coordinators were against it, but Efraín Sánchez, another leader, said
that it had to be done. Many people sided with Efraín. No one imagined
what was going to happen.
Hundreds of Cubans went to the Embassy of Mexico. They occupied part of
the street. The number of tents increased. Mauricio Rodas, the Mayor of
Quito and an opponent of Rafael Correa’s Government, installed a
bathroom. One bathroom for more than 100 people!
Was there any police harassment?
Threats began to emerge. The situation got out of hand. The riot police
attacked the Cubans, beat them, and stripped them of the food donated by
Ecuadorians and humanitarian organizations.
Many of those without papers went to Colombia, also to Turbo. Other
Cubans set up in La Carolina, one of the largest parks in Quito. They
rebuilt the camp there. Efraín, at the front, called on all those who
wanted to go to the US to join them. The mayor authorized them remaining
in the Parque del Arbolito. The permit lasted a week.
There the most violent incident occurred …
The riot police could be seen at times, like they were auguring an
eviction. And there was. They say that there were drones, two snipers on
the buildings, and numerous police. Some Cubans were arrested,
prosecuted and deported; others escaped. The deportees left Ecuador in
military aircraft. The last flight did not leave from Quito. It took off
in Latacunga. They wanted to avert protests at the main airport.
As in Quito nothing else could be done, many decided to also head for
Turbo. They did not trust the Colombian government, but rather in the
situation that already existed in Turbo, so dramatic that it was forcing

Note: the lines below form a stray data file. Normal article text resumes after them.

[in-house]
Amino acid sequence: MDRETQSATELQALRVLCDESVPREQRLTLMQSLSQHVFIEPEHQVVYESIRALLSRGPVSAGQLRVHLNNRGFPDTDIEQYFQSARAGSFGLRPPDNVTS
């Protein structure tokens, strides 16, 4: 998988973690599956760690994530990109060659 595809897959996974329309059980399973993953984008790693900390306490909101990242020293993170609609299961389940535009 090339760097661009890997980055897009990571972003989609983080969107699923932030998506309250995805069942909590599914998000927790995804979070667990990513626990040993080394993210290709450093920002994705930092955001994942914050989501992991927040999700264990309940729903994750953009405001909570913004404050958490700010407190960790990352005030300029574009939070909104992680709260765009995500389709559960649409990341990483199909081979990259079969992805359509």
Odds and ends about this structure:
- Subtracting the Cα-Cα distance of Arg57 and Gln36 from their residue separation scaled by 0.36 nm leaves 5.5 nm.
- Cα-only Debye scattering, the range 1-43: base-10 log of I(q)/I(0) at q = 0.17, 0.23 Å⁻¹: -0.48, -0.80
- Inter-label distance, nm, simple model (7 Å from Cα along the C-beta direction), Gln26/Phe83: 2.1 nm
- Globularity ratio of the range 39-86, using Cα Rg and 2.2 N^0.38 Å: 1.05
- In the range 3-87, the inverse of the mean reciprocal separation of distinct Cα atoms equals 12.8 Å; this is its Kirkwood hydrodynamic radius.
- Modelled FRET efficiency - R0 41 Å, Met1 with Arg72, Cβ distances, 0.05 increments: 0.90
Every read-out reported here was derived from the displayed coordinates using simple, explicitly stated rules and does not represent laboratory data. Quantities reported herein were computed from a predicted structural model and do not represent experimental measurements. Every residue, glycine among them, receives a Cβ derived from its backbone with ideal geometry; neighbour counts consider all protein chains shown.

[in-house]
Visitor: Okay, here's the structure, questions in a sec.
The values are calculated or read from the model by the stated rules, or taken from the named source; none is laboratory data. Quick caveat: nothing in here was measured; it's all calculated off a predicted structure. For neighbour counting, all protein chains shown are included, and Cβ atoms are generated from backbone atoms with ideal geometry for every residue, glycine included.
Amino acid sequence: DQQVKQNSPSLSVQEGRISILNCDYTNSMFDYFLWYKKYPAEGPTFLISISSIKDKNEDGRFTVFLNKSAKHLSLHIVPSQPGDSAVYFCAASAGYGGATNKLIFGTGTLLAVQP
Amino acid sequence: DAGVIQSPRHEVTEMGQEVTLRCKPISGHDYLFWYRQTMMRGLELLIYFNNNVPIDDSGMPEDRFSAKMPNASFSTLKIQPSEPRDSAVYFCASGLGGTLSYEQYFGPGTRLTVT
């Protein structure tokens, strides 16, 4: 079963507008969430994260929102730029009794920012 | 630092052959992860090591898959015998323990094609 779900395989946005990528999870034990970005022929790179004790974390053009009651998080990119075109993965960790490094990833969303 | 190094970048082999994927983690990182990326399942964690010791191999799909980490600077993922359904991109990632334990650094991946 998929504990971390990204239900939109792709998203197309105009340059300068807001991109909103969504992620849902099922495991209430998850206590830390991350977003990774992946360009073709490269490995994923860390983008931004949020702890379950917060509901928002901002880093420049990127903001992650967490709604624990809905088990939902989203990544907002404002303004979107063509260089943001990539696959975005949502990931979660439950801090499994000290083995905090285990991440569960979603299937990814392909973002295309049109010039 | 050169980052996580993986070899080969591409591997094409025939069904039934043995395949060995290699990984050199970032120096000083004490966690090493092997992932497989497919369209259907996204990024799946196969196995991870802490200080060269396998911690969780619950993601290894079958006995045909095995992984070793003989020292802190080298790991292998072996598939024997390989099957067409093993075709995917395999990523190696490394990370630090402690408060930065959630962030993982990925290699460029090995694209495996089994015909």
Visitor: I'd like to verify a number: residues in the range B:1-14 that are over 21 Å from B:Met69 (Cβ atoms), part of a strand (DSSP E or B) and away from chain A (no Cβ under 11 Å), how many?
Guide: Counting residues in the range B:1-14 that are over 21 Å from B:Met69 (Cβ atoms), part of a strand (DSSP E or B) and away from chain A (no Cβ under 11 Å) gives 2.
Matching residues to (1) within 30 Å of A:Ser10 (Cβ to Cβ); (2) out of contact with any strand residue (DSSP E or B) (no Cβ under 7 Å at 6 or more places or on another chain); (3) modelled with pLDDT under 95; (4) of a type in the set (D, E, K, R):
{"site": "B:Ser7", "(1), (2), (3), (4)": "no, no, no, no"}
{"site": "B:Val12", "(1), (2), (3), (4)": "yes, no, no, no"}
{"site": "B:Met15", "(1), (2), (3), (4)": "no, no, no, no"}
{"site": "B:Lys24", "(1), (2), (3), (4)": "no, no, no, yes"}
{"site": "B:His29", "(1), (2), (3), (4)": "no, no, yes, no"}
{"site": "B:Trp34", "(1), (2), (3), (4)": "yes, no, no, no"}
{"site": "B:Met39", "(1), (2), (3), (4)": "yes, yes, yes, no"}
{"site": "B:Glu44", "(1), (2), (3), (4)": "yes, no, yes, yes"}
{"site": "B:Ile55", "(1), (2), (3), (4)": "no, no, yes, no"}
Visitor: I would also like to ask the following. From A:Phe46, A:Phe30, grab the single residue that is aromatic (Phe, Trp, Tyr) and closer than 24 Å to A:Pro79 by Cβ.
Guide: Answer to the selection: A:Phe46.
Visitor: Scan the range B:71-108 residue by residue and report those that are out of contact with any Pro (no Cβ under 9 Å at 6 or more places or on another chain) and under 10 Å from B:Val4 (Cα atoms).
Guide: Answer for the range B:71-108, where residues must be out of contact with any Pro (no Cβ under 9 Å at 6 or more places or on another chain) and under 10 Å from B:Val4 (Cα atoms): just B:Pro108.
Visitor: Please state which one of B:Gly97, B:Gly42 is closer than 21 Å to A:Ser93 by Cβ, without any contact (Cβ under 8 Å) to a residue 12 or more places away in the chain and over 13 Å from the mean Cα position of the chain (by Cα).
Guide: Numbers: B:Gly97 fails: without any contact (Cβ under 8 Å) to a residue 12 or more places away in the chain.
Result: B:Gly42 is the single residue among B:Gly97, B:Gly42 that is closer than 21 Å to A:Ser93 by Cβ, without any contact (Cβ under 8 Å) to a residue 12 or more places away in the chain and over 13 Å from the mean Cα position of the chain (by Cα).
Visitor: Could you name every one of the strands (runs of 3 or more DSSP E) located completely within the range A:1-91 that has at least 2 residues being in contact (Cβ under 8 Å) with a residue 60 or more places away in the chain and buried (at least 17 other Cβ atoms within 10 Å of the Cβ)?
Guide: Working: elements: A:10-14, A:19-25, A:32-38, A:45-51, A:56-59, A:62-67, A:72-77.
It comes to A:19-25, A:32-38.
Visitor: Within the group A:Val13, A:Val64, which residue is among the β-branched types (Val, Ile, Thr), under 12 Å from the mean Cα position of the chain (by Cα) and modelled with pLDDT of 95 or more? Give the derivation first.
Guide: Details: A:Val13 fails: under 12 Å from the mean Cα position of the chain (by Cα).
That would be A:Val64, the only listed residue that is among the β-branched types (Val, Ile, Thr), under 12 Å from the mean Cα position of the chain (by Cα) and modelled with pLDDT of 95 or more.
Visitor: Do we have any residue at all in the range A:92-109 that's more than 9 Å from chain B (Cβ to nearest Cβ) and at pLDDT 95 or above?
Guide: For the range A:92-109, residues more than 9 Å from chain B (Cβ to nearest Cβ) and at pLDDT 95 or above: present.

The Government of Colombia urged them to leave its territory, and
threatened deportation. With that Sword of Damocles dangling over them,
why did they insist on staying in Turbo?
They feel like they have a chance, though increasingly slight, of
reaching the US. From Cuba they don’t. So, they don’t want to return to
Havana. We must analyze look at something else too: these are people who
bought an expensive passage to get out of Cuba. They sold everything.
Here they have nothing. They are banking on that dream. Now all they can
do is forge on.
What about returning to Ecuador? Wouldn’t that be preferable to
deportation to Havana?
Most have no way to get legalized. There is also widespread
discrimination against us in Quito, a lot of xenophobia. In Ecuador
there are many Venezuelans and Colombians, but there is great hatred
towards us. I don’t know why, but that’s the way it is. You get to a
place and they say: “We don’t want any Cubans.” A Venezuelan goes, and
they hire him. A Colombian goes, and they hire him. They tell you: “We
don’t want any Cubans here.”
When I left Ecuador they told me at Customs: “What are you doing with
that stone? Dangerous objects, weapons, are not permitted in the cabin.
“That is Elegguá (a Santería god),” I responded. “I’m religious. But if
you want to, keep it. Anyway, he’ll seek a way to get out of Quito and
Source: Elegguá goes to Turbo | Diario de Cuba –